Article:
However, I kept wondering Sunday why the Lions didn't ride Calvin Johnson harder. He's the best receiver in football, and one of the two or three most dominant players of his era.

And yet only five of Matthew Stafford's passes were thrown in Johnson's direction. He caught three of them for 49 yards.

Seven passes went to Joique Bell, who caught four for 58 yards and dropped a couple others.

Five went to Nate Burleson, who caught two for 18 yards.

Kris Durham was targeted three times without making a catch.

On the Eagles' side, LeSean McCoy had 29 carries for 217 yards and two touchdowns. McCoy had 16 of his carries, 161 of his yards and both TDs after halftime.

I know. They handed him the ball.

But on a bad field, when a receiver should have the advantage, the Lions could have done more to get the ball to Johnson.

6. The real McCoy: On NBC's Sunday night Panthers-Saints game, former Patriots safety Rodney Harrison said of McCoy: "This might be the best offensive player in the league."

I disagree. I think Adrian Peterson is the best running back, and Calvin Johnson is the best offensive player. But he can't show it without the ball.

7. NFC Wild Card: For the Lions, it's win the North and start the playoffs at home, or watch the playoffs at home. San Francisco and Carolina are currently in the two wild card spots at 9-4.

8. North stretch run/prediction: Here are the remaining games for the Lions, Bears and Packers, and the outlook for all three based on the Week 14 games:

Lions (7-6) -- Home vs. Ravens (7-6) and Giants (5-8), at Vikings (3-9-1). The Lions have the best remaining schedule of the three North contenders – especially if the Vikings are without Adrian Peterson because of a foot injury.

Bears (6-6) -- home vs. Cowboys (7-5), at Browns (4-9), at Eagles (8-5), home vs. Packers (6-6-1). I wouldn't take the Bears over the Cowboys or Eagles – or the Packers, if Aaron Rodgers plays the last game and the North title is at stake.

Packers (6-6-1) -- at Cowboys (7-5), home vs. Steelers (5-8), at Bears (6-6): If Rodgers comes back, they can sweep all three. If not, they might do the opposite and get swept. The Packers' injury report this week will be awaited eagerly to see if Rodgers is practicing with the offense in his return from a broken collarbone.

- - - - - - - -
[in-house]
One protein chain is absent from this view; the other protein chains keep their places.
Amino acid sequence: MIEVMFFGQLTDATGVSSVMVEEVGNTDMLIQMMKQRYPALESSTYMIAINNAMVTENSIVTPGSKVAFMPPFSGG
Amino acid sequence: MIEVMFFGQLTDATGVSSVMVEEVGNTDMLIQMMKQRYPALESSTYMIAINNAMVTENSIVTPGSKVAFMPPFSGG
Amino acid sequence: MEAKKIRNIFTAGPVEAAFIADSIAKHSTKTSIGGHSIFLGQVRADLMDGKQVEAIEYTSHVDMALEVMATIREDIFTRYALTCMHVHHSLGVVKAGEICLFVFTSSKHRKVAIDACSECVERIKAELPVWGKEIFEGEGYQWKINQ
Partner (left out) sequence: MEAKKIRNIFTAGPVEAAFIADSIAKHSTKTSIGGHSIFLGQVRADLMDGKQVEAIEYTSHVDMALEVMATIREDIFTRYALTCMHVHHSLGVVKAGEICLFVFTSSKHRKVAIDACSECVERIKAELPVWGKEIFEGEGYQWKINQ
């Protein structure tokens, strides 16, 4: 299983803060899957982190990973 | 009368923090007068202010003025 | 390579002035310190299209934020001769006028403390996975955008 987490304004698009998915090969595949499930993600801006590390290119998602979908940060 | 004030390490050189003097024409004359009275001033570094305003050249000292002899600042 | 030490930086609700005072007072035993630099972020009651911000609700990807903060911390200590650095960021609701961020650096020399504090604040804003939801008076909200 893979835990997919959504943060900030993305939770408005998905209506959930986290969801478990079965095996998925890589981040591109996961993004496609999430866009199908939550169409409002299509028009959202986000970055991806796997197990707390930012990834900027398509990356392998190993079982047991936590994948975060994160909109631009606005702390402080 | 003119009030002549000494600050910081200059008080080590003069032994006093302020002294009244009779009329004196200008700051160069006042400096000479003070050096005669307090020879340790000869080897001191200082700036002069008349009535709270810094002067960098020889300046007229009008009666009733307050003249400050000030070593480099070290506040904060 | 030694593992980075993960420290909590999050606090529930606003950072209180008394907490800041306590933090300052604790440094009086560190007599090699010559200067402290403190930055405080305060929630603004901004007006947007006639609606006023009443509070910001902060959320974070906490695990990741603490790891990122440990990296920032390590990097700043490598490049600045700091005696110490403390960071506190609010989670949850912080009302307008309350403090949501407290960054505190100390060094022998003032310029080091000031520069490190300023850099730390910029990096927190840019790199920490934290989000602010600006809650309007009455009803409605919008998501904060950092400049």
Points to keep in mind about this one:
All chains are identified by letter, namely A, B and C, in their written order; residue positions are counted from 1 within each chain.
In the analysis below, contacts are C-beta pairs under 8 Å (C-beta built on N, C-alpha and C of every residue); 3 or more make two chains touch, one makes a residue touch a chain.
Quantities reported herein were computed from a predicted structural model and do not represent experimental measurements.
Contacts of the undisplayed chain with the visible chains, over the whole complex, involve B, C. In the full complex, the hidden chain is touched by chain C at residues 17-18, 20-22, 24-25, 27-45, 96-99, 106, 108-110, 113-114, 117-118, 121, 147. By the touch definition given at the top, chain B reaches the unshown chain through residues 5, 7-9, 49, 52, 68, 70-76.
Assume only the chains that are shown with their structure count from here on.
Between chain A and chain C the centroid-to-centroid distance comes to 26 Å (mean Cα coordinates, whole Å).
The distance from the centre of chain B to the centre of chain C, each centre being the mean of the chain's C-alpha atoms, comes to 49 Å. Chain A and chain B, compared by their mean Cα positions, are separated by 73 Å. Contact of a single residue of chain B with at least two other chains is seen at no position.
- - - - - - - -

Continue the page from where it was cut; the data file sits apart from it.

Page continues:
Prediction: Despite everything, and maybe in spite of themselves, I think the Lions will win the North. The schedule lines up in their favor, and it's hard to imagine that they'll continue to be so careless with the ball.

And if another team starts shredding the defense by running through the interior for an entire half the way the Eagles did, a member of the defensive staff might notice and make the necessary adjustment.

9. The NFL's best after 14 weeks:

1. Seahawks (11-2): Yes, they lost to the 49ers Sunday, but they've given up only 205 points.
2. Broncos (11-2): Yes, Peyton Manning had another game of 4 TD passes, but they've given up 345 points.
3. Saints (10-3): Hammered in Seattle, then hammered the Panthers at home.
4. Patriots (10-3): Another miracle comeback by Tom Brady to beat Cleveland. Losing Gronk could derail the offense, though.
5. Chiefs (10-3): Special teams, offense and defense were good in whipping Washington.
6. Bengals (9-4): They've won seven of the last nine, and the two losses were back-to-back in OT.
7. 49ers (9-4): They won't win the NFC West, but they'll be tough as a wild card.
8. Panthers (9-4): Offense didn't show up in the showdown at New Orleans.
9. Eagles (8-5): A five-game winning streak is currently the league's longest.
10. Cardinals (8-5): They can score, and the defense is solid.
11. Ravens (7-6): Five straight playoff appearances and making a run for No. 6.
12. Colts (8-5): Clinched the AFC South, but they look like a first-round KO in the playoffs.

10. The NFL's worst:

5. Browns (4-9): At least they'll come out of this season with two first-round draft picks.
4. Vikings (3-9-1): If Peterson's out, they might not win again.
3. Falcons (3-10): From the NFC best 13-3 last year, and it's not a fluke. A rebuild is in order.
2. Washington (3-10): Five straight losses, and Mike Shanahan is talking about meeting with the owner after the season.
1. Texans (2-11): No. 2 in the AFC last year at 12-4, dead last this year and they've already fired Coach Gary Kubiak.